Why We Might Already Be In Another Economic Recession
Investors brushed off Wednesday morning’s announcement from the Commerce Department that its final first-quarter GDP figure showed a decline of 2.9 percent, the steepest contraction since the financial crisis. Stocks were largely mixed, as were other assets that one would think would move sharply on this data (e.g., Treasuries and gold), suggesting that investors really don’t care. After all, this data is backward looking.
But the fact that the economy contracted so much is a big deal. First, while it is easy to dismiss a small contraction as a weather-related incident, we cannot do this with a contraction as large as 2.9 percent. This implies that there were other factors that didn’t immediately disappear on April first. These factors are likely still at large, and they are heightening the probability that the economy weakened during the second quarter, meaning that we could already be in a recession.
Second, we should keep in mind that this contraction coincided with the Federal Reserve’s tapering program, which started in January. This indicates that economic growth has become dependent upon the Fed’s stimulus, and that the economy cannot grow without it. As tapering has continued into the second quarter, it would follow that unless there is some unusual event in which we saw additional pressure impact the economy, which again heightens the possibility that we saw an economic contraction in the second quarter, it means that we are already in a recession.
With stocks trading at or near all-time highs, it is pretty clear that they are vulnerable to the downside. Investor complacency in the face of this lousy news reflects several unsustainable factors. The most glaring is that investors are pricing in earnings growth for many of the stocks in the S&P 500. This is the case because investors have gotten used to the idea that earnings are growing. But it is obvious that if the economy is shrinking that this is unsustainable.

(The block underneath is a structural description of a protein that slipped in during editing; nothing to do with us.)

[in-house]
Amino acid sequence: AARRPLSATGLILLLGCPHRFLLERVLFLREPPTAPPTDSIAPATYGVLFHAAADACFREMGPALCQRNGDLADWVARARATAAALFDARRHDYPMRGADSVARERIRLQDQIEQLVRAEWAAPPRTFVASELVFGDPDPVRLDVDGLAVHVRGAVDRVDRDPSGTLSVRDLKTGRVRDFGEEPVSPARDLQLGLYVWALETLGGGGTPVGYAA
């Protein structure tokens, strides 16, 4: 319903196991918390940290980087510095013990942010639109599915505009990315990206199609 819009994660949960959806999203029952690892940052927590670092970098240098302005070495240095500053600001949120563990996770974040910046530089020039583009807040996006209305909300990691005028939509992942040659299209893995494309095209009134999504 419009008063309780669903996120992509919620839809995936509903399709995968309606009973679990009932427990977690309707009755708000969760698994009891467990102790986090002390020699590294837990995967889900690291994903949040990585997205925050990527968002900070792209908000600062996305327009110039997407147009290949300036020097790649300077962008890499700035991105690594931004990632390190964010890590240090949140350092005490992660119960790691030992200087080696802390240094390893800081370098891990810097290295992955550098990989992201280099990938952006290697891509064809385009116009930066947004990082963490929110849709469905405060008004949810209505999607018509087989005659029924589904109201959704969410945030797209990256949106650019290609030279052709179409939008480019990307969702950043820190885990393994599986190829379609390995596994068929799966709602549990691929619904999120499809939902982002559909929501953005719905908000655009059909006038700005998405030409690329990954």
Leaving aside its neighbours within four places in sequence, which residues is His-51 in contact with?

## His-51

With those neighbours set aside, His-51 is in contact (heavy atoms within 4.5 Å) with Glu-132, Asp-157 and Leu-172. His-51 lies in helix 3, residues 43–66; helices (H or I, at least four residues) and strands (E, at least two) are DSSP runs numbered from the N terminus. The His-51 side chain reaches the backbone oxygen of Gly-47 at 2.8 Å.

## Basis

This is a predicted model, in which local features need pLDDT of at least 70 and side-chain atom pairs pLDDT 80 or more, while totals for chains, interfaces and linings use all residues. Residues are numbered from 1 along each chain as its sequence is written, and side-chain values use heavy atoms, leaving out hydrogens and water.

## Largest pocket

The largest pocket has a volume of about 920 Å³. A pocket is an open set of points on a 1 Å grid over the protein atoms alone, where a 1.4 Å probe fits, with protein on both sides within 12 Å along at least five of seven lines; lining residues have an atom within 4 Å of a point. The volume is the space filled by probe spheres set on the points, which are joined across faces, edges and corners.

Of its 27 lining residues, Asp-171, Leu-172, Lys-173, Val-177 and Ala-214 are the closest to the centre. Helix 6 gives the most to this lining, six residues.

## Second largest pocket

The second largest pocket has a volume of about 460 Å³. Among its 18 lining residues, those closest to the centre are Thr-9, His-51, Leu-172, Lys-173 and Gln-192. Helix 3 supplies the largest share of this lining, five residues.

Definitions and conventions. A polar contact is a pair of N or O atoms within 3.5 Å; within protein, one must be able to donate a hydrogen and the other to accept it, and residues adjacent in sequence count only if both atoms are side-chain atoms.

If we reach a point at which investors start to expect earnings stability or even earnings declines, then it follows that stocks can trade substantially lower than they are right now. Stocks trade at about 22 times trailing earnings because investors expect earnings to grow; stocks trade at about 17 times earnings expectations. Part of the reason for this growth is that trailing earnings, which are actual past earnings, include onetime items and expenses, whereas the forward estimate does not. But the rest of the growth expectations are coming from the belief that earnings will actually grow.
Some of this earnings growth doesn’t need a growing U.S. economy. For instance, companies have been aggressively buying back their own stocks, and this has reduced the number of shares outstanding, and it makes earnings per share grow even if net earnings are flat or down. Also, many S&P 500 companies operate overseas, and so strength in other parts of the world can offset American weakness.
If the U.S. economy is as bad as the first-quarter GDP figure indicates, then it is going to be difficult for U.S. companies to grow their earnings. Once this becomes a reality, earnings expectations will come down, and this can put significant pressure on stock prices.
Ultimately, the 2.9 percent decline in first-quarter GDP is a big deal for the U.S. economy and for U.S. stocks. This is not being reflected in market sentiment, although it does have real ramifications. As an investor, you need to consider just how significant a steep economic contraction will be for your portfolio — and just because the market hasn’t reacted doesn’t mean you shouldn’t.
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